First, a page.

The Israel Defense Forces used TOW missiles during the 1982 Lebanon War. On 11 July Israeli anti-tank teams armed with the TOW ambushed Syrian armored forces and claiming destroyed 11 Syrian Soviet-made T-72 tanks. This was probably the first encounter of the American anti-tank missile with the newer Soviet tank.

The TOW was used in multiple engagements during Operation Desert Storm in the 1991 Persian Gulf War. During the war, both the M2 Bradley Infantry fighting vehicle (IFV) and the M3 Bradley Cavalry Fighting Vehicle (CFV) carried TOW missiles. The M2 can also carry an additional 7 rounds, while the M3 can carry an additional 12 rounds. Both M2 and M3 medium-weight Bradley Fighting Vehicles destroyed more Iraqi tanks during the war, than M1A1 Abrams heavy Main Battle Tanks did.

The British Army also deployed TOW-armed, Westland Lynx helicopters to the conflict, where they were used to attack Iraqi armored vehicles. This was the first recorded use of the missile from a British helicopter.



The HOT (Haut subsonique Optiquement Téléguidé Tiré d'un Tube, or High Subsonic Optical Remote-Guided, Tube-Launched) is a second-generation long-range anti-tank missile system developed originally as an effort to meet a joint German-French Army requirement, by the then German firm Bölkow and the French firm Nord, to replace the older SS.11 wire guided missile which was in service with both nations. A few years later, Bölkow and Nord merged into MBB and Aérospatiale respectively, both of which firms later formed Euromissile to design and produce the MILAN, Roland and HOT.
This firm (now MBDA), is a joint corporation of French and German defense firms. The HOT has become one of the most successful missiles of its class, with tens of thousands of missiles produced, used by no fewer than a dozen countries worldwide, and validated in combat in several wars. The missile system is also commonly mounted on light and medium armored vehicles, and attack helicopters.

The HOT entered limited production in 1976, with mass production of 800 missiles a month reached in 1978. The HOT became initially operational with the German and French armies fitted to specialized armored antitank vehicles. In addition, Euromissile was in the enviable position of having large export orders from Middle East nations at the start of mass production. This was likely due to the situation in the late 1970s where many nations did not want to rely solely on arms purchases from the USSR combined with the US Congress restrictions on the export sales of the TOW antitank missile.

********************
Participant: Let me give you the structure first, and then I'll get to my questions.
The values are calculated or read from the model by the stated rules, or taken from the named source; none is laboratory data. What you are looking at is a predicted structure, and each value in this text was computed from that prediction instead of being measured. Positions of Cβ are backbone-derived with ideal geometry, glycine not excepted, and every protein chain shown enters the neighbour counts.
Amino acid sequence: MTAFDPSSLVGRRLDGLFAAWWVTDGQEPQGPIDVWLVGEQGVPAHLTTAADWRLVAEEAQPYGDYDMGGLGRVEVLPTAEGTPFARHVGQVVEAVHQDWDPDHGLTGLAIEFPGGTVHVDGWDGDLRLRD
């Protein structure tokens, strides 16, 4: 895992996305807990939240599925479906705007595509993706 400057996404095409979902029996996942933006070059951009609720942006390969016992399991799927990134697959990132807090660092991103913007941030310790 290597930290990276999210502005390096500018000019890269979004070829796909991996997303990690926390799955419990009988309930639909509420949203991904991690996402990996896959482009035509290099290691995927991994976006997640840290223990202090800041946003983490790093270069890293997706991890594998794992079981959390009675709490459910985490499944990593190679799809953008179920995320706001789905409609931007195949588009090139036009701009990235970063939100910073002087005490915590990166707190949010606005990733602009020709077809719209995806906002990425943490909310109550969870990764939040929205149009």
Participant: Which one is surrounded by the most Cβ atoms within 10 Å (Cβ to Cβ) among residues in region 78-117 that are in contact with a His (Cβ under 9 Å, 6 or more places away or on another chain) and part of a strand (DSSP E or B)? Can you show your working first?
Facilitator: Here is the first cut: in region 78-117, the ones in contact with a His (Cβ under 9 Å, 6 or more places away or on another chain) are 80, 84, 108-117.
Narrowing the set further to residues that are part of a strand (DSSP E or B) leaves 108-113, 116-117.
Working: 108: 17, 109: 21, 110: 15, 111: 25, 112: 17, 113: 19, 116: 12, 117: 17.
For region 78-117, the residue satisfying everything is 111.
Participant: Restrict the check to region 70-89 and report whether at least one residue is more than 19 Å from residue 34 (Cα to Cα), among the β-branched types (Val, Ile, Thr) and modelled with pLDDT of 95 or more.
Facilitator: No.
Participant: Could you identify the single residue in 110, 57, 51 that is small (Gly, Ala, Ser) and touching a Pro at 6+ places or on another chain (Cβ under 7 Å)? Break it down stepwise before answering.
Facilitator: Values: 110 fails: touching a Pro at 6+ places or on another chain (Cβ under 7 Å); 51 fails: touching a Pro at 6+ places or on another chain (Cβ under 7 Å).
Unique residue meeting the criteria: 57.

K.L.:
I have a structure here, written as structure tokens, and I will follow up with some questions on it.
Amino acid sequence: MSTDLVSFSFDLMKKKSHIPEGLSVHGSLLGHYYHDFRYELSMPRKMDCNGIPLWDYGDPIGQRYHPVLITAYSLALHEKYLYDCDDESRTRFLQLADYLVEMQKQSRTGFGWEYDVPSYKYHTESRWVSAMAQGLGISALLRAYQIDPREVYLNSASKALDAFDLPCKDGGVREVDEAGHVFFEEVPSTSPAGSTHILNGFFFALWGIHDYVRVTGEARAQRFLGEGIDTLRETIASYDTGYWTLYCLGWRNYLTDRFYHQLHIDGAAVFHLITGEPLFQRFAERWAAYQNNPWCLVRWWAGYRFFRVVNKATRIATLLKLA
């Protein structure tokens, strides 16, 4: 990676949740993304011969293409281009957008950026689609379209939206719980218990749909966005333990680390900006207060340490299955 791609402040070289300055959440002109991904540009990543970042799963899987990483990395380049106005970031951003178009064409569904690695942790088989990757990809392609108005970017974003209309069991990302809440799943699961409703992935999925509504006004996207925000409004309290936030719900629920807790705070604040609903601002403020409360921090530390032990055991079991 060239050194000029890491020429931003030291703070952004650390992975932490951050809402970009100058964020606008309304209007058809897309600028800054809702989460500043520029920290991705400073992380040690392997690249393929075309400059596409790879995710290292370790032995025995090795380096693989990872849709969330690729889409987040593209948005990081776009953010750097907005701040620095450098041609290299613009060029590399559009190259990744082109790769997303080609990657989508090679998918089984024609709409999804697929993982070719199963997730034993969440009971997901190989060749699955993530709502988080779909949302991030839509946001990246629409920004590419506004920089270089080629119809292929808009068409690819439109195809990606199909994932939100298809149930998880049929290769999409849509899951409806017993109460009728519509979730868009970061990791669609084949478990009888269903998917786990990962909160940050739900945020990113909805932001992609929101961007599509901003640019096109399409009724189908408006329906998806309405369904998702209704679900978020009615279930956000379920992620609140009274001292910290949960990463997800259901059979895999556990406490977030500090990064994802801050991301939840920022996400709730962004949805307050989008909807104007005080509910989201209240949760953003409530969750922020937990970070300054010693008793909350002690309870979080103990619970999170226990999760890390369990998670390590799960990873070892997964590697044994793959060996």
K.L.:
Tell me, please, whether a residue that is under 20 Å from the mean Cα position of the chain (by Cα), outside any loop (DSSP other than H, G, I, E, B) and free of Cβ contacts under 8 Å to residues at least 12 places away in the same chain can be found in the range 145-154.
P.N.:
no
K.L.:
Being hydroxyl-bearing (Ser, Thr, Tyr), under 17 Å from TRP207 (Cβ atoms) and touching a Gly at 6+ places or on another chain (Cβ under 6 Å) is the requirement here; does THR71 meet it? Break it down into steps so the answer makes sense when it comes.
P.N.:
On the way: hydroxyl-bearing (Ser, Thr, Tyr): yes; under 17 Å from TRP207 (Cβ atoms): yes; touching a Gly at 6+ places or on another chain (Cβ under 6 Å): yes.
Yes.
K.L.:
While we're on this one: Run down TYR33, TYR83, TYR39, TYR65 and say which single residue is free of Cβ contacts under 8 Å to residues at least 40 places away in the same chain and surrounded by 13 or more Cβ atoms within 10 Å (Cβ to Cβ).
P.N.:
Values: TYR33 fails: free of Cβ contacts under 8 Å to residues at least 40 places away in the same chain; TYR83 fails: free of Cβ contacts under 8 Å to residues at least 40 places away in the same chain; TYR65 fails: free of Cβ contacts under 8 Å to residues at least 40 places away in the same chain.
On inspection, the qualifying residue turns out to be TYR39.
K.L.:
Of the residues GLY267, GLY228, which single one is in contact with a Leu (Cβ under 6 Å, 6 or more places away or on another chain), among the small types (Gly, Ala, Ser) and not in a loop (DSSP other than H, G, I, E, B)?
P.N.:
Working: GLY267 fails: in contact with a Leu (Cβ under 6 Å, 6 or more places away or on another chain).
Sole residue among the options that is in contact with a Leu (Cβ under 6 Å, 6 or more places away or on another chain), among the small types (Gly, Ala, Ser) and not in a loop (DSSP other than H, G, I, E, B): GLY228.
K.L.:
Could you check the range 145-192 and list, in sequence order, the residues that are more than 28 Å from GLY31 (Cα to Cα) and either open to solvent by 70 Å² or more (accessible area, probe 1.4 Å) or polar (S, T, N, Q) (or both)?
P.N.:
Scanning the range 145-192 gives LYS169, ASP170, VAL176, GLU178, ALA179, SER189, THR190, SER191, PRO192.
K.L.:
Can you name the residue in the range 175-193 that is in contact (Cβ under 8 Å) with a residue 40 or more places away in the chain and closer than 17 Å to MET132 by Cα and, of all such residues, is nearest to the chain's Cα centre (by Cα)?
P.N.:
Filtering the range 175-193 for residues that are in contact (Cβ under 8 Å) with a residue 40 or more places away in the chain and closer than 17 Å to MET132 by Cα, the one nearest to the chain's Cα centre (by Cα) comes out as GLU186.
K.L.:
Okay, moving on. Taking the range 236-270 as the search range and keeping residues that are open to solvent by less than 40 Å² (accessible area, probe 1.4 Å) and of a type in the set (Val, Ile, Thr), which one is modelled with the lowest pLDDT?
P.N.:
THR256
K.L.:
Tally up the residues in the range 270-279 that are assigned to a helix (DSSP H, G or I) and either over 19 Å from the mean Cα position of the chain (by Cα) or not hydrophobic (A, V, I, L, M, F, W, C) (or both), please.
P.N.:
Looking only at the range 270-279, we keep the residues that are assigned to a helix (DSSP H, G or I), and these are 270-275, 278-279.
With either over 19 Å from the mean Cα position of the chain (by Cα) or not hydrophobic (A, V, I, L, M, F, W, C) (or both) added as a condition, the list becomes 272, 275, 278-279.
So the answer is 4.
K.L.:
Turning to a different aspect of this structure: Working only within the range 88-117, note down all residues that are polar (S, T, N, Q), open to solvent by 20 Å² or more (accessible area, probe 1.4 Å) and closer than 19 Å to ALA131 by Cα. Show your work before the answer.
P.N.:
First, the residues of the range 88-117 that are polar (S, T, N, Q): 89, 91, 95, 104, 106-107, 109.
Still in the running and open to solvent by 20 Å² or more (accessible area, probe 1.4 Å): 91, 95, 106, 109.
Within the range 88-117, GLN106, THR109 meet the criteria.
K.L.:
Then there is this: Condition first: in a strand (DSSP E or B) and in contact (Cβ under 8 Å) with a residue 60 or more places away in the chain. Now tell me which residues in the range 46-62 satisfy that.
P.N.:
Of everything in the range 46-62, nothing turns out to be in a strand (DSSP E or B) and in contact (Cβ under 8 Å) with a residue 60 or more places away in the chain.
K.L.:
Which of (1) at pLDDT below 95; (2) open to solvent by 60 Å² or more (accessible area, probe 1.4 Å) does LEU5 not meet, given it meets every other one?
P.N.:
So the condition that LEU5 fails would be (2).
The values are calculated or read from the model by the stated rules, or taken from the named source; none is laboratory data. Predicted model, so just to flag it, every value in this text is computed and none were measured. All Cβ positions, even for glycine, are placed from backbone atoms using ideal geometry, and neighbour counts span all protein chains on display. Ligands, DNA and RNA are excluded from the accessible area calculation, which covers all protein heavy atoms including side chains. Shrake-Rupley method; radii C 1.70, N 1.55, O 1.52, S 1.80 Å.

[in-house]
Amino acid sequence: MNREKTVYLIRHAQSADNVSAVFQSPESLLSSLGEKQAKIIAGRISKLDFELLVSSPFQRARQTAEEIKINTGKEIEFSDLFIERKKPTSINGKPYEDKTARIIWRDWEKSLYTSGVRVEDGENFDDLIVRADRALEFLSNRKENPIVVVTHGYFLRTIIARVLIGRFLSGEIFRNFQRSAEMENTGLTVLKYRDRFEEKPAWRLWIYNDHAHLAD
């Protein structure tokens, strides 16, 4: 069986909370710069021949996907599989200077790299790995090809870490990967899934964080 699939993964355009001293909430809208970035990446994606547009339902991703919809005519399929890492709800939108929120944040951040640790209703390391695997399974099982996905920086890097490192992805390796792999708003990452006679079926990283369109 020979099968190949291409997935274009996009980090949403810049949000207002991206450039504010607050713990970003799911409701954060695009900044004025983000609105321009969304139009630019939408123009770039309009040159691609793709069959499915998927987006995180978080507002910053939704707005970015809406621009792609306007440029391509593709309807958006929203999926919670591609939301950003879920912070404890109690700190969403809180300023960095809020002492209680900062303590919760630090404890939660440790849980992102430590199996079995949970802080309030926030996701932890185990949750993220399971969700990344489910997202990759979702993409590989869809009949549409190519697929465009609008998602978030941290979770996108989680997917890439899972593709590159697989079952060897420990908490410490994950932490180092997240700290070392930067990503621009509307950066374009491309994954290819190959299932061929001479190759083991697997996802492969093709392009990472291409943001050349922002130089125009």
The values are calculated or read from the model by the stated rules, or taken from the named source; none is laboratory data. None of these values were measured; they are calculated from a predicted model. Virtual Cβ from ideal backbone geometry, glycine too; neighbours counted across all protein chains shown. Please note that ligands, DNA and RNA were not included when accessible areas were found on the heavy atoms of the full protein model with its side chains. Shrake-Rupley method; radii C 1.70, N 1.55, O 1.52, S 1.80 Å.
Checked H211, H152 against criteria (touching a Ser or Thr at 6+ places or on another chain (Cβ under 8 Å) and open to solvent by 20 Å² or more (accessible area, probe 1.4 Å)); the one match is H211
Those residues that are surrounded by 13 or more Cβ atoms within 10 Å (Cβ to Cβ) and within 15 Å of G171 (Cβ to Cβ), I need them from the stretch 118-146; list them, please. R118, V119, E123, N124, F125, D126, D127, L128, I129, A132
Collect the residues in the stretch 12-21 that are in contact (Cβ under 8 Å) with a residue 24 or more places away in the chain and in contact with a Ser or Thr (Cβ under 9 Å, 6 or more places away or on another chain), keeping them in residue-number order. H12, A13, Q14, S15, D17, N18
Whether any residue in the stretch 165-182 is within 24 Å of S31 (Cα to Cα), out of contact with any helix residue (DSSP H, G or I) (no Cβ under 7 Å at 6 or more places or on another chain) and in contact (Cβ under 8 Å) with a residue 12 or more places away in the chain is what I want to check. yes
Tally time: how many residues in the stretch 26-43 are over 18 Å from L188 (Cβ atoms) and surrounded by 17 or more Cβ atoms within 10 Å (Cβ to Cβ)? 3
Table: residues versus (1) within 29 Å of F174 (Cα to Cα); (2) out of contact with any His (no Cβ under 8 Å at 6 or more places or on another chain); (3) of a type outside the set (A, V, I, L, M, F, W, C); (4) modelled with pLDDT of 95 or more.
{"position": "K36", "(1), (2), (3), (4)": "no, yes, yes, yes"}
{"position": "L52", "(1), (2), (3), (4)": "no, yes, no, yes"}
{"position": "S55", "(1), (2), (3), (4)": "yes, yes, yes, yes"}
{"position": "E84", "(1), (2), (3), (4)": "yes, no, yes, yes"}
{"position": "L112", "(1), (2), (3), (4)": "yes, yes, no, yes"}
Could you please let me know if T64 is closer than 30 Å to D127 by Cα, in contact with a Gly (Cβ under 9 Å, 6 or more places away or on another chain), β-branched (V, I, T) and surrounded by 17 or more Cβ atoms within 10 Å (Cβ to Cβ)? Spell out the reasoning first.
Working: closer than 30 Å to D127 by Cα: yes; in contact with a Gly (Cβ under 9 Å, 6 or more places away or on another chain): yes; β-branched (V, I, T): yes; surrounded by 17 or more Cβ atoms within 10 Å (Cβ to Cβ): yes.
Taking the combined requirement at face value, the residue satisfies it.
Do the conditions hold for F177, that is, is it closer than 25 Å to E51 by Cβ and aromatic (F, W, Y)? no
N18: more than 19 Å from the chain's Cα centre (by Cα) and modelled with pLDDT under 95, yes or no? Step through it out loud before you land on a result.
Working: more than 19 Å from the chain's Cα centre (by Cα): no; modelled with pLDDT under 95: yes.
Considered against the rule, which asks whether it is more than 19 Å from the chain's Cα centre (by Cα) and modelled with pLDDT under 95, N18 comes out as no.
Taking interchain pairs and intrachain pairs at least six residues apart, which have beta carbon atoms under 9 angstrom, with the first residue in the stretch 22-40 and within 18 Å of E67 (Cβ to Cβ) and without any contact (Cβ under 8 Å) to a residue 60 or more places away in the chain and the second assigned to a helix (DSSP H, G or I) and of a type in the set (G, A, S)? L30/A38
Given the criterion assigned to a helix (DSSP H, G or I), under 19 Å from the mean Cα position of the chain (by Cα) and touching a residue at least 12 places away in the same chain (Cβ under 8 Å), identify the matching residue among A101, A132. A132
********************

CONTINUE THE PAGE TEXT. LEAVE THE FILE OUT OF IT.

In Europe, the end of the service life of the HOT missile system is in sight with the French opting to purchase Hellfire II missiles for their Tiger-HAD attack helicopters and the Germans planning to transition to the PARS 3 LR. Austria has decommissioned its HOT-carrying tank destroyers, while Spain is transitioning to Spike missiles to replace their HOT missile inventory. The HOT missile continues to be in widespread use in other areas of the world.


Project studies by both firms started in 1964, at about the same time the US Army started a project which resulted in the TOW missile, but unlike the TOW which entered service in 1973, the development and testing phase for the HOT took considerably longer. The design goal was to produce an antitank missile which could be fired from both vehicles and helicopters; that employed the SACLOS guidance system instead of the less reliable MCLOS system used by the SS.11; had a longer range combined with a better minimum engagement range; had a higher missile speed than the SS.11 resulting in a shorter flight time; and packed in a sealed container that also served as the launcher.
The HOT missile is tube-launched and optically tracked using the SACLOS guidance system with command link through trailing wires which steers the missile using thrust vector controls on the sustainer motor during the missile's flight. When the gunner fires the HOT missile, the missile activates a thermal battery, flares and a small gas generator spins up the gyro. The same gases for the gyro pop the covers off both ends of the cylindrical container the HOT missile comes packed in. Moments later, both the sustainer motor and the booster are fired, ejecting the missile from the container.

Unlike most antitank missiles, in which the booster burns completely before leaving the container and then the missile coasts a safe distance before the sustainer motor ignites, the HOT's booster burns both inside the container and outside the container for approximately one second giving the missile a high speed. The sustainer motor burns for 17 seconds, a flight time whose path exceeds the length of the trailing wires which dictate the maximum range of the missile. Because of the more powerful booster and sustainer motor that burns during its complete flight, the HOT missile had a much shorter flight time than any other wire guided antitank missiles when it was introduced. The booster's four nozzles are located at the roots of the four spring out fins. The sustainer motor's single exhaust is located in the rear of the missile body, where a vane controls the missile through thrust vector control as it rotates in flight.